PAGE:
China, Spain hold talks on Ukraine, call for dialog to end war

Beijing, Mar 15 (EFE).- The foreign ministers of China and Spain spoke on telephone and called for dialog to end the war in Ukraine, China’s Ministry of Foreign Affairs said in a statement on Tuesday.

In the conversation between Wang Yi and José Manuel Albares on Monday, the Spaniard said that the situation in Ukraine “threatens European peace and security, and if it is allowed to develop, it will affect the entire international community” and expressed Spain’s hope for an end the war as soon as possible “through dialog and diplomacy,” according to the ministry.

The Spanish minister hoped that China, which he reportedly described as “a great peace-loving country and a permanent member of the UN Security Council,” will play “an active role” in promoting peace.

Wang said that, since the beginning of the crisis, the Asian country “has been promoting peace and talks in its own way” and expressed optimism that the fourth round of talks between Russia and Ukraine will “achieve new progress acceptable to all parties, accumulate favorable factors for ending the conflict, and open the door to peace.”

Wang said “some forces continue to smear China’s objective and fair position on the Ukraine issue and create all kinds of false information,” but added that his country “will continue to play a constructive role in the peaceful resolution of the Ukrainian crisis.”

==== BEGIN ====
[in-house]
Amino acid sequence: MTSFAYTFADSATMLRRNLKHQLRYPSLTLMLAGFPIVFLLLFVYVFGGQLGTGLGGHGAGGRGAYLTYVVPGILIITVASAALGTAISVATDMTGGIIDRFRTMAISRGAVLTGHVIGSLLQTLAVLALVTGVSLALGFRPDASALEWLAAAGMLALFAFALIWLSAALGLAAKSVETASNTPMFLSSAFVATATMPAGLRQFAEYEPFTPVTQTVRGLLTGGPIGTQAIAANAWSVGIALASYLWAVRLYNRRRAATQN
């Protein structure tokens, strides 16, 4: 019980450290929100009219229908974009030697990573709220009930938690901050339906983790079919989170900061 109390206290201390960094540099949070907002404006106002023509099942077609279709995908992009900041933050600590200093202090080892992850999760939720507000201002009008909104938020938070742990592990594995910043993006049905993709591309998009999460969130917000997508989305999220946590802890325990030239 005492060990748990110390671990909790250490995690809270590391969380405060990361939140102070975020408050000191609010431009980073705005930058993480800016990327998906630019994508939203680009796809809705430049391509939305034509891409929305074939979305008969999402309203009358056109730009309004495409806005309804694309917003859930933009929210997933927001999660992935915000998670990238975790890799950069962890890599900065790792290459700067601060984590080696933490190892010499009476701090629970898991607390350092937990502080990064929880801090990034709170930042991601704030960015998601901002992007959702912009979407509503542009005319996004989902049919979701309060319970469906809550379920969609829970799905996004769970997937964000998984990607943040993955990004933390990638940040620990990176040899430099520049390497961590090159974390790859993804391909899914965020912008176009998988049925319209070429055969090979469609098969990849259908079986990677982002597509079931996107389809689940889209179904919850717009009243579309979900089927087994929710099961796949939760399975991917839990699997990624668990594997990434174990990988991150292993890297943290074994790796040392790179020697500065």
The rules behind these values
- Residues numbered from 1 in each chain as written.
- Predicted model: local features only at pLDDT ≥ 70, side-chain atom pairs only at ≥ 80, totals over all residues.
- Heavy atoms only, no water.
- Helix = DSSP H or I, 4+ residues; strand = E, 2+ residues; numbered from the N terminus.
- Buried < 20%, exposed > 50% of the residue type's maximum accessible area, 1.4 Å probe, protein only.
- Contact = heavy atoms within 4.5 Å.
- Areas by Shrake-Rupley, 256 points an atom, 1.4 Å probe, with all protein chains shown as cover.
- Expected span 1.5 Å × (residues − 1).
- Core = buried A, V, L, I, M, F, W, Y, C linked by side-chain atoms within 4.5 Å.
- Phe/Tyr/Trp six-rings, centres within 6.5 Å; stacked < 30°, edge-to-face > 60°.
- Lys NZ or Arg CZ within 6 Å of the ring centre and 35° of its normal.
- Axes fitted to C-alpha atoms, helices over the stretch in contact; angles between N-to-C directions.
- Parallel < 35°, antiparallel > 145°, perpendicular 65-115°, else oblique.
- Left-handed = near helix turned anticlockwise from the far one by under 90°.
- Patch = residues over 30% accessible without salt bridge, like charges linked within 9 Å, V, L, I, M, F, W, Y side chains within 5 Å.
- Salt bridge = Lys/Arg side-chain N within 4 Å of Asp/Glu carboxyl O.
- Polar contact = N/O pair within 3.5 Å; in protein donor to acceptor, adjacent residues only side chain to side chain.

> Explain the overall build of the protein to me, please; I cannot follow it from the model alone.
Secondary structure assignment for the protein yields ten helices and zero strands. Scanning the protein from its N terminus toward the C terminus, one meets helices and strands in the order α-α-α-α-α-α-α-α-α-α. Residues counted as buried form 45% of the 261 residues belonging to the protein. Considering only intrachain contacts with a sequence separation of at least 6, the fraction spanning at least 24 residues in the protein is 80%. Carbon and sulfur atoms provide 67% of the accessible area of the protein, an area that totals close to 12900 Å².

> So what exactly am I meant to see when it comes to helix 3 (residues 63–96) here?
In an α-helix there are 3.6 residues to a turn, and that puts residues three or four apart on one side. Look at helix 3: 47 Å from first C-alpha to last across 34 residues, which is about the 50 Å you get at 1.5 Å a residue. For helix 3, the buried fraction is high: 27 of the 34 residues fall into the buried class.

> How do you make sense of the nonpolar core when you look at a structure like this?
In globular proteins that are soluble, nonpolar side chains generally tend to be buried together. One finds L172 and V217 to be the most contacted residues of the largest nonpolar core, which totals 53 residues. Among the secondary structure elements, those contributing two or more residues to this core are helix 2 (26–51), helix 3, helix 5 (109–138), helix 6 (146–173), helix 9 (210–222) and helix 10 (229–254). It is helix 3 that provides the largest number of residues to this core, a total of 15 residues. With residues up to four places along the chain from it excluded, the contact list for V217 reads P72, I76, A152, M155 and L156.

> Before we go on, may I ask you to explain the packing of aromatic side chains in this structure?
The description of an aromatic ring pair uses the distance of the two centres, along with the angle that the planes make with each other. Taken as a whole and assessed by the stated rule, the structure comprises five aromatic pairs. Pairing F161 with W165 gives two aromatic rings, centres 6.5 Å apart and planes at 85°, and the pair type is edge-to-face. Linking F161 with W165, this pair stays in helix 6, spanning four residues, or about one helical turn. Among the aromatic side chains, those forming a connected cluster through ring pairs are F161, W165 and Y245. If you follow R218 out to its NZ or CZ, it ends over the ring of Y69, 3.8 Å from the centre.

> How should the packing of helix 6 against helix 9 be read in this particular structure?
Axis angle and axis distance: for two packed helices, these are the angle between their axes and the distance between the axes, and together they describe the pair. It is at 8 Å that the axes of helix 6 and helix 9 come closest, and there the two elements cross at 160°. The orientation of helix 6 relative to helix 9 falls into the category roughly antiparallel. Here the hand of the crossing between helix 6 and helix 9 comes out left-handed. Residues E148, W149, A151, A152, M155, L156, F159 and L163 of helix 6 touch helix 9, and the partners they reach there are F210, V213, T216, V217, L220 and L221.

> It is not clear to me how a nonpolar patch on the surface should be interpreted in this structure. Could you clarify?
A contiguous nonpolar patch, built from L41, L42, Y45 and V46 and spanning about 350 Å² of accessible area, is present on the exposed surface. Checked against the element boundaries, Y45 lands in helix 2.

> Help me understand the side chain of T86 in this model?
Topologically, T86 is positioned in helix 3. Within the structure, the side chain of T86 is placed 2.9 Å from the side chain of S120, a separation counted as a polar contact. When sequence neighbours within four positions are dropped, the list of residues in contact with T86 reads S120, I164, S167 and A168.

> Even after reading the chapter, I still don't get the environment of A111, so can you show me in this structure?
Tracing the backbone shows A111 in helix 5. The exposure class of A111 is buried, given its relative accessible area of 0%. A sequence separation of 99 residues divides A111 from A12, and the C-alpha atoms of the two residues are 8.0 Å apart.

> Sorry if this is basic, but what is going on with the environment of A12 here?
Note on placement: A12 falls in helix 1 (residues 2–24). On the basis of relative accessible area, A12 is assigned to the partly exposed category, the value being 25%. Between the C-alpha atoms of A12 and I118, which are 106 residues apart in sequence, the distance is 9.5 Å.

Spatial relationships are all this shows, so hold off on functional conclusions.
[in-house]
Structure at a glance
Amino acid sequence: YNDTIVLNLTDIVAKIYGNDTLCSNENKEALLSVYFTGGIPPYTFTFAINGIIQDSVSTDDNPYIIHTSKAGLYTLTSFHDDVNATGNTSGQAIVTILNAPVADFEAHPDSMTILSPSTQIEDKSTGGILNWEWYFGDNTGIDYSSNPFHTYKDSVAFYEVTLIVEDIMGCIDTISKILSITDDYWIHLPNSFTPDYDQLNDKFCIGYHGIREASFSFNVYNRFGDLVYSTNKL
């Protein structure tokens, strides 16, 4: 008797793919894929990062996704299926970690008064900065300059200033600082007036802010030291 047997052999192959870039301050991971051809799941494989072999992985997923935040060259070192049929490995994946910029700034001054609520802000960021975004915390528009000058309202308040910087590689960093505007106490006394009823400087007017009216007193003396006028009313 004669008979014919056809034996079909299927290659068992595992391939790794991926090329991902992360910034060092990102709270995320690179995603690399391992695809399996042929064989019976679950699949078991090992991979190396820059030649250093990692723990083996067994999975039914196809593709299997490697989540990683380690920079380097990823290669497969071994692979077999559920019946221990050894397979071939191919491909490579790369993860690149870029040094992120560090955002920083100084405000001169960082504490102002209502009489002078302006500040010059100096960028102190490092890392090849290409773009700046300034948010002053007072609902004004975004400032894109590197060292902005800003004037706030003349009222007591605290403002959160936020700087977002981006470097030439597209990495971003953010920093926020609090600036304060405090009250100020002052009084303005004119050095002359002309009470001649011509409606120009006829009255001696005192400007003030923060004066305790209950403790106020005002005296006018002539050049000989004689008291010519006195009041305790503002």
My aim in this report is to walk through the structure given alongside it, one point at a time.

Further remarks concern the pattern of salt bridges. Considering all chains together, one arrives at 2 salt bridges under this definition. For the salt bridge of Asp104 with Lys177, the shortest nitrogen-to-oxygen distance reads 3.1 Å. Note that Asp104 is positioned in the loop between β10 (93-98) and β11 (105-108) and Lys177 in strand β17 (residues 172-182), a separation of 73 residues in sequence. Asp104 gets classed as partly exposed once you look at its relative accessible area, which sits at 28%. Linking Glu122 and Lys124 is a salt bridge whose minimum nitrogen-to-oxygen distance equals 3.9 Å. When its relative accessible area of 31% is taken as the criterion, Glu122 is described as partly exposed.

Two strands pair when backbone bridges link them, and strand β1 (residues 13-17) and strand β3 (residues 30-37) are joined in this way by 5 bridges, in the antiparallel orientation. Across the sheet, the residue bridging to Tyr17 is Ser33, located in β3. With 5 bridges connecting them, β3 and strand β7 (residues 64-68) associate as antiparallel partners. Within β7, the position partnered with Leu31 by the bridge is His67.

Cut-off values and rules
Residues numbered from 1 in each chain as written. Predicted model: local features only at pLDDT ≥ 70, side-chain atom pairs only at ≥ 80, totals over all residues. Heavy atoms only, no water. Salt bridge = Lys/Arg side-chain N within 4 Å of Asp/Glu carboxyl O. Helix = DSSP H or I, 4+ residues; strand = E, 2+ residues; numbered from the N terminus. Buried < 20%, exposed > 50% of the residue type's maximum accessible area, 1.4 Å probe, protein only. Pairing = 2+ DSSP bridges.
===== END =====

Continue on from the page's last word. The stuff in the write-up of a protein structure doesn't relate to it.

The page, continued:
Recently, some US media outlets reported that Russia had requested Chinese military support, something that Chinese foreign ministry spokesperson Zhao Lijian dismissed on Monday as “pure disinformation.”

Although Wang told Albares that China “advocated respecting the sovereignty and territorial integrity of all countries,” he also noted that “the legitimate security concerns of all parties should be addressed.”

The Chinese minister said that the conflict in Ukraine was “the product of the accumulation and intensification of European security conflicts over the years,” and called for dialog and negotiations between Russia and Europe to find “reasonable solutions to their respective security concerns, and promote the establishment of a balanced, effective and sustainable European security architecture.”

Wang also stressed China’s opposition to the use of sanctions, saying they “have no basis in international law,” a position that China has maintained since the start of the Russian offensive.

The Chinese minister said that his country “is not a party to the crisis, nor does it want the sanctions to affect China” and urged Spain as “a stable force in Europe” to play an “active role in peacefully resolving the crisis.”

Since the start of Russian military actions in Ukraine, China has maintained an ambiguous position, calling for the territorial integrity of all countries to be respected.

It has avoided using the word “invasion” to refer to the Russian offensive while reiterating its opposition to sanctions against the Eurasian country. EFE


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